Barkan Meizlish , May 13, 2015
The Fair Labor Standards Act (FLSA) authorizes the Department of Labor (DOL) Wage and Hour Division to initiate an investigation to determine whether an employer is in compliance with the Act’s requirements. If any violations are found upon investigation, the investigator will meet with the employer to discuss corrective actions and request any back wages owed to employees for minimum wage and overtime violations. A settlement demand will often follow the investigation or audit, leaving employers to decide whether to settle with the DOL or take the claims to court.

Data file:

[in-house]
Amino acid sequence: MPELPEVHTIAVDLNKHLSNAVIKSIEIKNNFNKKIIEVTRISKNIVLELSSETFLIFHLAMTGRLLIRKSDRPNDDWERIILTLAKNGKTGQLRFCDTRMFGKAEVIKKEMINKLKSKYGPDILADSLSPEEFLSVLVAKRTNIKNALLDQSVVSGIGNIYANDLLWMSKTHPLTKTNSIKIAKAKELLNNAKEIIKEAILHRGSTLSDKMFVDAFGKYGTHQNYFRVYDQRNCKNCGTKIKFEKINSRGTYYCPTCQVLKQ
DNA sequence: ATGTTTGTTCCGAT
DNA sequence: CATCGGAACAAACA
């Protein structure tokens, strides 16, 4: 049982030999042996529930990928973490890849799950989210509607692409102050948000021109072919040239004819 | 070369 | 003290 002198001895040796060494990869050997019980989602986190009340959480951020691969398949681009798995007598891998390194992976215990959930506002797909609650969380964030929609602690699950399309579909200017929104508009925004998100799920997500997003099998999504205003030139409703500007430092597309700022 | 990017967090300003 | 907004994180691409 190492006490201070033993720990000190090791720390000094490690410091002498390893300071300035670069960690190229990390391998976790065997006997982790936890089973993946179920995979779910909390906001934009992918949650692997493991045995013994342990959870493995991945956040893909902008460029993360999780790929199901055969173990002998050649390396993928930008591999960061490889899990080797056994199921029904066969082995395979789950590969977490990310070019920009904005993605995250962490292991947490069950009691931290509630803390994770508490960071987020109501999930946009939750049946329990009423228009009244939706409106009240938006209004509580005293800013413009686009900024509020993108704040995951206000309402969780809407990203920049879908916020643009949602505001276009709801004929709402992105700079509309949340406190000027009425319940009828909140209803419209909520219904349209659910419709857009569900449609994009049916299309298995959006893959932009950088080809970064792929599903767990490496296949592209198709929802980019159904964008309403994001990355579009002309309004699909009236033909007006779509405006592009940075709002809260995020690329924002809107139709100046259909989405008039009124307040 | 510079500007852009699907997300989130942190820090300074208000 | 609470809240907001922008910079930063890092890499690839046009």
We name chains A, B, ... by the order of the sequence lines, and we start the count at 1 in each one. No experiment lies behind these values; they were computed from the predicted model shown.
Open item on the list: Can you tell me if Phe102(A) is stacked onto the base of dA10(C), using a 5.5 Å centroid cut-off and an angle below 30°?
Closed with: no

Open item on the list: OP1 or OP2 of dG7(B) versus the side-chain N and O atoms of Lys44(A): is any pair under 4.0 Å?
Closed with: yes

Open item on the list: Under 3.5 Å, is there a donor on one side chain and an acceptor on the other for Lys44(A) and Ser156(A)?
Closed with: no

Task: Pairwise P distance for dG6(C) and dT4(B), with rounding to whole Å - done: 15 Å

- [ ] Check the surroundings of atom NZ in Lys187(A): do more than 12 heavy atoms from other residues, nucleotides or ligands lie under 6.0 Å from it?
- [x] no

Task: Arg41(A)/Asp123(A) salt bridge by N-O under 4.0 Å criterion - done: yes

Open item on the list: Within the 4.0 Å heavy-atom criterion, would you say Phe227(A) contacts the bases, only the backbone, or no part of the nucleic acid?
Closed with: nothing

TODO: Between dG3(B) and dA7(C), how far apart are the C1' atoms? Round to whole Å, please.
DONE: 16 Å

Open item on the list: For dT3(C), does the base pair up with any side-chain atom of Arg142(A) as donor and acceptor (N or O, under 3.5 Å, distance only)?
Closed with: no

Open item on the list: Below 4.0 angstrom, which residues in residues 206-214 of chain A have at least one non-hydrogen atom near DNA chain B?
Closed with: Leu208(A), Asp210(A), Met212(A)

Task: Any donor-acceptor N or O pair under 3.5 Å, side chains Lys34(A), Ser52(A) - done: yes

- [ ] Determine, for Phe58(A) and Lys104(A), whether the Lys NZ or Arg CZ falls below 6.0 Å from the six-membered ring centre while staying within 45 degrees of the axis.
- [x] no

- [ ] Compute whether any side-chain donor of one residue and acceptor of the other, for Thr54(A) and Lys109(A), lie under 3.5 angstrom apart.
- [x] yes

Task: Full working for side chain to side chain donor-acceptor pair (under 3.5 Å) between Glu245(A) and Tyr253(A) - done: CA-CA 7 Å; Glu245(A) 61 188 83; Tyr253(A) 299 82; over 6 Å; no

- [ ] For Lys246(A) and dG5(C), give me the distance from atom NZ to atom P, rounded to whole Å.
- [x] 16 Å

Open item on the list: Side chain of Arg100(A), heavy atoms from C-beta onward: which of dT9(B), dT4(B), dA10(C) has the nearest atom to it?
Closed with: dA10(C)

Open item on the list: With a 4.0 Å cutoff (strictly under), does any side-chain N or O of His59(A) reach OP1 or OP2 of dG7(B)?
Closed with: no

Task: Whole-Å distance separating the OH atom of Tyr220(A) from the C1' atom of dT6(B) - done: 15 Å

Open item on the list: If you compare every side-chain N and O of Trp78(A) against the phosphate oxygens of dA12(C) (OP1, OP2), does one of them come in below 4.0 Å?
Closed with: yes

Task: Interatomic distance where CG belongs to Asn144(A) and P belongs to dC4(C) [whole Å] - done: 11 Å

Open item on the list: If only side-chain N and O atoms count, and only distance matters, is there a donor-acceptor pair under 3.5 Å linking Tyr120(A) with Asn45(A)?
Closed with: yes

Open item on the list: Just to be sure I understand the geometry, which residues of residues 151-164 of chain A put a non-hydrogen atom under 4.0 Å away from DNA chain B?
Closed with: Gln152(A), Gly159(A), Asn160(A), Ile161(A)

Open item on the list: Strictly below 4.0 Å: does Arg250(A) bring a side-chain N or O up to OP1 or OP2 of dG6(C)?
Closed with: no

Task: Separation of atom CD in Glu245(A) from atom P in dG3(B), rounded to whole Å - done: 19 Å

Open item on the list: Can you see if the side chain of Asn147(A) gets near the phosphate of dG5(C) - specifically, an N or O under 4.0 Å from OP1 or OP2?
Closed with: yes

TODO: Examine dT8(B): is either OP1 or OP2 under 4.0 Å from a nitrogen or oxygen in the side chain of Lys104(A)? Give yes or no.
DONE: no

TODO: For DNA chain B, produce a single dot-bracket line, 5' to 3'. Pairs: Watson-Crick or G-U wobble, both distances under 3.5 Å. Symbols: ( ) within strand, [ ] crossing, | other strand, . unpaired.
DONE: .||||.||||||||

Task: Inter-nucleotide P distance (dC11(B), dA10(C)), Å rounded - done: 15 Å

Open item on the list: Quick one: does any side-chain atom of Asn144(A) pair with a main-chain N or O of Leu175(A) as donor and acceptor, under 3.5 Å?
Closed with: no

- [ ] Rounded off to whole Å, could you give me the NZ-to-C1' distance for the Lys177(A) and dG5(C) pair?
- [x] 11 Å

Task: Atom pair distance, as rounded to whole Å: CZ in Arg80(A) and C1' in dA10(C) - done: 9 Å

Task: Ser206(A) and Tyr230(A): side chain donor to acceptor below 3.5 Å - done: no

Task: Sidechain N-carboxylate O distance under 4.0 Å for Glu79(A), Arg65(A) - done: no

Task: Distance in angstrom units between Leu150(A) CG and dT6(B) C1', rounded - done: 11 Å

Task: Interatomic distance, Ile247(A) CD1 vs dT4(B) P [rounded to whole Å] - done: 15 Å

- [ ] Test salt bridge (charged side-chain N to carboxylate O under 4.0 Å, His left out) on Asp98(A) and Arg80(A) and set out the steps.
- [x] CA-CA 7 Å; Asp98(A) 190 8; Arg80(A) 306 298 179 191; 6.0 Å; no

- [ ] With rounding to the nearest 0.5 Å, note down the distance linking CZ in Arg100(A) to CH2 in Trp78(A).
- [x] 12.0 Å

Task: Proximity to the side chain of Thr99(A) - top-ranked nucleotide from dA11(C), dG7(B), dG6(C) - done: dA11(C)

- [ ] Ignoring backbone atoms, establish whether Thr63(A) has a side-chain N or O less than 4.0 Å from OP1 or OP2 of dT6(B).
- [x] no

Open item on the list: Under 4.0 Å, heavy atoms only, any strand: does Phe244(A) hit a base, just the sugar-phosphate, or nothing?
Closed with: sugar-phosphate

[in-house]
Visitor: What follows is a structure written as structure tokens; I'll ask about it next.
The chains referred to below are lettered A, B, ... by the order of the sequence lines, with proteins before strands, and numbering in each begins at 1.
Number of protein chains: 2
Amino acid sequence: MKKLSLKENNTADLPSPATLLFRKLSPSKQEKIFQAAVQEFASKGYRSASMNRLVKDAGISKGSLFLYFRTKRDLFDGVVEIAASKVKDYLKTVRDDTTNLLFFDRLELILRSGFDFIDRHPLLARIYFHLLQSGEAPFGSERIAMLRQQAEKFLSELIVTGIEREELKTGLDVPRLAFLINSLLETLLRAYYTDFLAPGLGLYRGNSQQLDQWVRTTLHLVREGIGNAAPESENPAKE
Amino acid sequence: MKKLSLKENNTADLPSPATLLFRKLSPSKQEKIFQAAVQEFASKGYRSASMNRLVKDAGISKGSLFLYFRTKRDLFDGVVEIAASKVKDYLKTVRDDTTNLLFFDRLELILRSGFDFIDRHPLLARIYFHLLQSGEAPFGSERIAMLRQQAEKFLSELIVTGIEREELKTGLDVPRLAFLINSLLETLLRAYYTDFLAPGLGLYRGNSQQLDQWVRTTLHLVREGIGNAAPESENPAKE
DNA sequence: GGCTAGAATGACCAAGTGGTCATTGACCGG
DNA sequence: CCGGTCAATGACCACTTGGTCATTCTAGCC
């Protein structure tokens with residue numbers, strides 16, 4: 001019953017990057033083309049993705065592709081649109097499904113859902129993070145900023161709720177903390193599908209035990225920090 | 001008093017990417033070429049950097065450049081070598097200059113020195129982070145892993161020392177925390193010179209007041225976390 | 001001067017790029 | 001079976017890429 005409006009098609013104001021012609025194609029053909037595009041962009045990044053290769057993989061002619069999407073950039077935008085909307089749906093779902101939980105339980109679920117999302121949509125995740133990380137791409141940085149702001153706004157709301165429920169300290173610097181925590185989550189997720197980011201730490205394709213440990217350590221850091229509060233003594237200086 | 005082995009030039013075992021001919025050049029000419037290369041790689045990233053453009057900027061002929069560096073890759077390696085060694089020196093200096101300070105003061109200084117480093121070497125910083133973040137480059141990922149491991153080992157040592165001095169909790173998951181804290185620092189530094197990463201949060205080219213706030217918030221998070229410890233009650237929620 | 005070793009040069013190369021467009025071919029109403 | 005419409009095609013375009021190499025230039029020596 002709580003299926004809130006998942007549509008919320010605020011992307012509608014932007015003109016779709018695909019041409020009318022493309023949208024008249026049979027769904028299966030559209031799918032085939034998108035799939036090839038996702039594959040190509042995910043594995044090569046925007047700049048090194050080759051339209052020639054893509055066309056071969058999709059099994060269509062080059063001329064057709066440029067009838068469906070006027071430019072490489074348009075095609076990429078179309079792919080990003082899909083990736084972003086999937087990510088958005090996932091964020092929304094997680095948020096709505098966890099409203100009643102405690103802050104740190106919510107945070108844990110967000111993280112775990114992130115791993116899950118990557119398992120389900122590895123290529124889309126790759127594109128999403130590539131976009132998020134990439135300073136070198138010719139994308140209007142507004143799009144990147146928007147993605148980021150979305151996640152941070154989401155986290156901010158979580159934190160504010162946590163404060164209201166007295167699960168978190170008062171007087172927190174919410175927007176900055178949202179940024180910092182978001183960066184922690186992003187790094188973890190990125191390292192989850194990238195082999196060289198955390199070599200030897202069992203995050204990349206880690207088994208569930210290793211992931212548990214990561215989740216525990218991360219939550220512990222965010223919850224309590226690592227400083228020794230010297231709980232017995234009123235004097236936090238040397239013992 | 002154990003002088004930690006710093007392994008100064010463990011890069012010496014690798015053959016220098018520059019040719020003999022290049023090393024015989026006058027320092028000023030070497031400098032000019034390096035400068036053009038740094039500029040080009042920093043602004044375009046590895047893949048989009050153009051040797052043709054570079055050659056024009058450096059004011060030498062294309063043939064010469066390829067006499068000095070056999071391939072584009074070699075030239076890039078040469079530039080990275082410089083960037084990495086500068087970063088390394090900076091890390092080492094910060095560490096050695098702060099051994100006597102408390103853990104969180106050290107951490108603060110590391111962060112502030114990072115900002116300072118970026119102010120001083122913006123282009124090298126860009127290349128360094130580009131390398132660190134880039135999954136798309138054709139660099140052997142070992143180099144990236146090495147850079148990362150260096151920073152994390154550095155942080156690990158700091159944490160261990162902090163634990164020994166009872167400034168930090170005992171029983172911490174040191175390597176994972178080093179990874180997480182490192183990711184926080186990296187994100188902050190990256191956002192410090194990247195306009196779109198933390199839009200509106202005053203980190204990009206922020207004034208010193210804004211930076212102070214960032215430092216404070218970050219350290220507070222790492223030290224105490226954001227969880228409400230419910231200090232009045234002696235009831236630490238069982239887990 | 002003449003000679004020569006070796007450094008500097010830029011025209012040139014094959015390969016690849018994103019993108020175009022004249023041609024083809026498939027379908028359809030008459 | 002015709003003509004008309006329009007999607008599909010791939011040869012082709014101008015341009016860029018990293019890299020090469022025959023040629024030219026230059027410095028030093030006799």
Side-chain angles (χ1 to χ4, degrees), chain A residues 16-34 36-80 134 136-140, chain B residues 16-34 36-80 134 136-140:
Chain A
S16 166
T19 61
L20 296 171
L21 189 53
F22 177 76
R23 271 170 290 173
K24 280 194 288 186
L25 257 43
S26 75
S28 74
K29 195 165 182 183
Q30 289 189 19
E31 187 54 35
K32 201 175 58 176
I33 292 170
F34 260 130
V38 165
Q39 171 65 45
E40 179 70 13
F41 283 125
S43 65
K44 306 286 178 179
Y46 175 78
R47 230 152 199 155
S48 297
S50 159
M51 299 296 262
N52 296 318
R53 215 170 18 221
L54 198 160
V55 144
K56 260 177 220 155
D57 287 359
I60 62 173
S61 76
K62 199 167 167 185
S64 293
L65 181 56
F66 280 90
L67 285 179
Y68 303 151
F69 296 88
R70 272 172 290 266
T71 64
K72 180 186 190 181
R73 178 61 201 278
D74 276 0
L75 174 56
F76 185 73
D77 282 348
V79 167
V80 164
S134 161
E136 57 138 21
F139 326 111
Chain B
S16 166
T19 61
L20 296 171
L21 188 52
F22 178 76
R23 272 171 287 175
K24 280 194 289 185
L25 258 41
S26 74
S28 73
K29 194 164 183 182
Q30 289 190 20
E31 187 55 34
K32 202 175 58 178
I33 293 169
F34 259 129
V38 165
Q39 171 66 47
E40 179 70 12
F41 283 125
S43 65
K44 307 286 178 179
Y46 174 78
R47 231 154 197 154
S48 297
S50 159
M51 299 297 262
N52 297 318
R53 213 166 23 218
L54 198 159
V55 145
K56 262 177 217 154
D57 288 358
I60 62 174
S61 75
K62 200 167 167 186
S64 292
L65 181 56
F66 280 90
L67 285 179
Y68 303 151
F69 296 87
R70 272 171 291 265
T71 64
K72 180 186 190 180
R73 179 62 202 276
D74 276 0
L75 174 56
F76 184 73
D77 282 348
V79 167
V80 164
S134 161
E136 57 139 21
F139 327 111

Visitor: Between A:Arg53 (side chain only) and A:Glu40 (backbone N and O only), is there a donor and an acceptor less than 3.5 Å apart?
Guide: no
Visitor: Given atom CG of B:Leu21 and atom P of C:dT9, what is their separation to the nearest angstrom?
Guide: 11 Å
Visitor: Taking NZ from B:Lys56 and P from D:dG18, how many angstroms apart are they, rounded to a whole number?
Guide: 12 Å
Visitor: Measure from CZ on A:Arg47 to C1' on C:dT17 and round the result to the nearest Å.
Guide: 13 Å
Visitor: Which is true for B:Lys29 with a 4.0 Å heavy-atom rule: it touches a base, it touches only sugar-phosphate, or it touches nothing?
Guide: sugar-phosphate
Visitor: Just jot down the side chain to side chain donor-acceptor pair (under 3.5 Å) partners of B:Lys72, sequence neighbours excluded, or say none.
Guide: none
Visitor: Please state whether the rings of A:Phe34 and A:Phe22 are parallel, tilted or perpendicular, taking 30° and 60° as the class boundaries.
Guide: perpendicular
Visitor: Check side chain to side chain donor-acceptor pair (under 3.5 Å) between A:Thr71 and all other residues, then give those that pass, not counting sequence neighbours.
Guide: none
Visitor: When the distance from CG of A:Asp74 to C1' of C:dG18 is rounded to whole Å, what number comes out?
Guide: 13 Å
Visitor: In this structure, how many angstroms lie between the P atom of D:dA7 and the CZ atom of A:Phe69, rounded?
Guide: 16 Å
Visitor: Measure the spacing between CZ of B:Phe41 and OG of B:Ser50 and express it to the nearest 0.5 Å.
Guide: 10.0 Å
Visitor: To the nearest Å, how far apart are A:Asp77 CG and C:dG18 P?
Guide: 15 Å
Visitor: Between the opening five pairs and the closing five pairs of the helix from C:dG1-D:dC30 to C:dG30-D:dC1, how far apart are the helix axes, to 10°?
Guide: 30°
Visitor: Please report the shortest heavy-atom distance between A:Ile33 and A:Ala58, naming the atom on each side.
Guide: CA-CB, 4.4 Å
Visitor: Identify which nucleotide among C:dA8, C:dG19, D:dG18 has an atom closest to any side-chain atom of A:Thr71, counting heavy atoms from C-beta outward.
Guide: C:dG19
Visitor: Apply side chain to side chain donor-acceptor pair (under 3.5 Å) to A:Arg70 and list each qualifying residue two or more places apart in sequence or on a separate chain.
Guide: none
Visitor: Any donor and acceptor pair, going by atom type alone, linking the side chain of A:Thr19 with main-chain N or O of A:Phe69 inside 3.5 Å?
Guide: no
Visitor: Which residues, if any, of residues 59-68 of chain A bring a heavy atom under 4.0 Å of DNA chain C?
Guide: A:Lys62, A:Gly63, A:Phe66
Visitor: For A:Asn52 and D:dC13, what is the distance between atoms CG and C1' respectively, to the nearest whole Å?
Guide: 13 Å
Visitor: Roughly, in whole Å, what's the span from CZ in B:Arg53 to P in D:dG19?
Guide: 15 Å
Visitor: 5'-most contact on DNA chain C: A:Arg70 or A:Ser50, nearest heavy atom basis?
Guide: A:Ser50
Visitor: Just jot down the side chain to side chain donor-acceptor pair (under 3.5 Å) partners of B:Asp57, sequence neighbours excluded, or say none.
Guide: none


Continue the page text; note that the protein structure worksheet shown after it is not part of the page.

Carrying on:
The law favors acceptance of settlement offers with the DOL. The penalties section of the FLSA contains a waiver provision, which was added by Congress as an incentive to employers to settle wage and hour claims with DOL supervision. Under the waiver provision to 29 U.S.C. § 216(c), the DOL is authorized to supervise the payment of back wages to individual employees, as well as the agreement of any employee to accept such payment. If the employee accepts the payment after the DOL-supervised settlement, the employee thereby waives his or her right to sue for wages, overtime, and liquidated damages, so long as the employer pays in full.
Source: Allison Oasis Kahn, The Employer ‘Discount’ of Settling Employee Wage Claims Through the Department of Labor, Jan. 9, 2015 https://www.jdsupra.com/.
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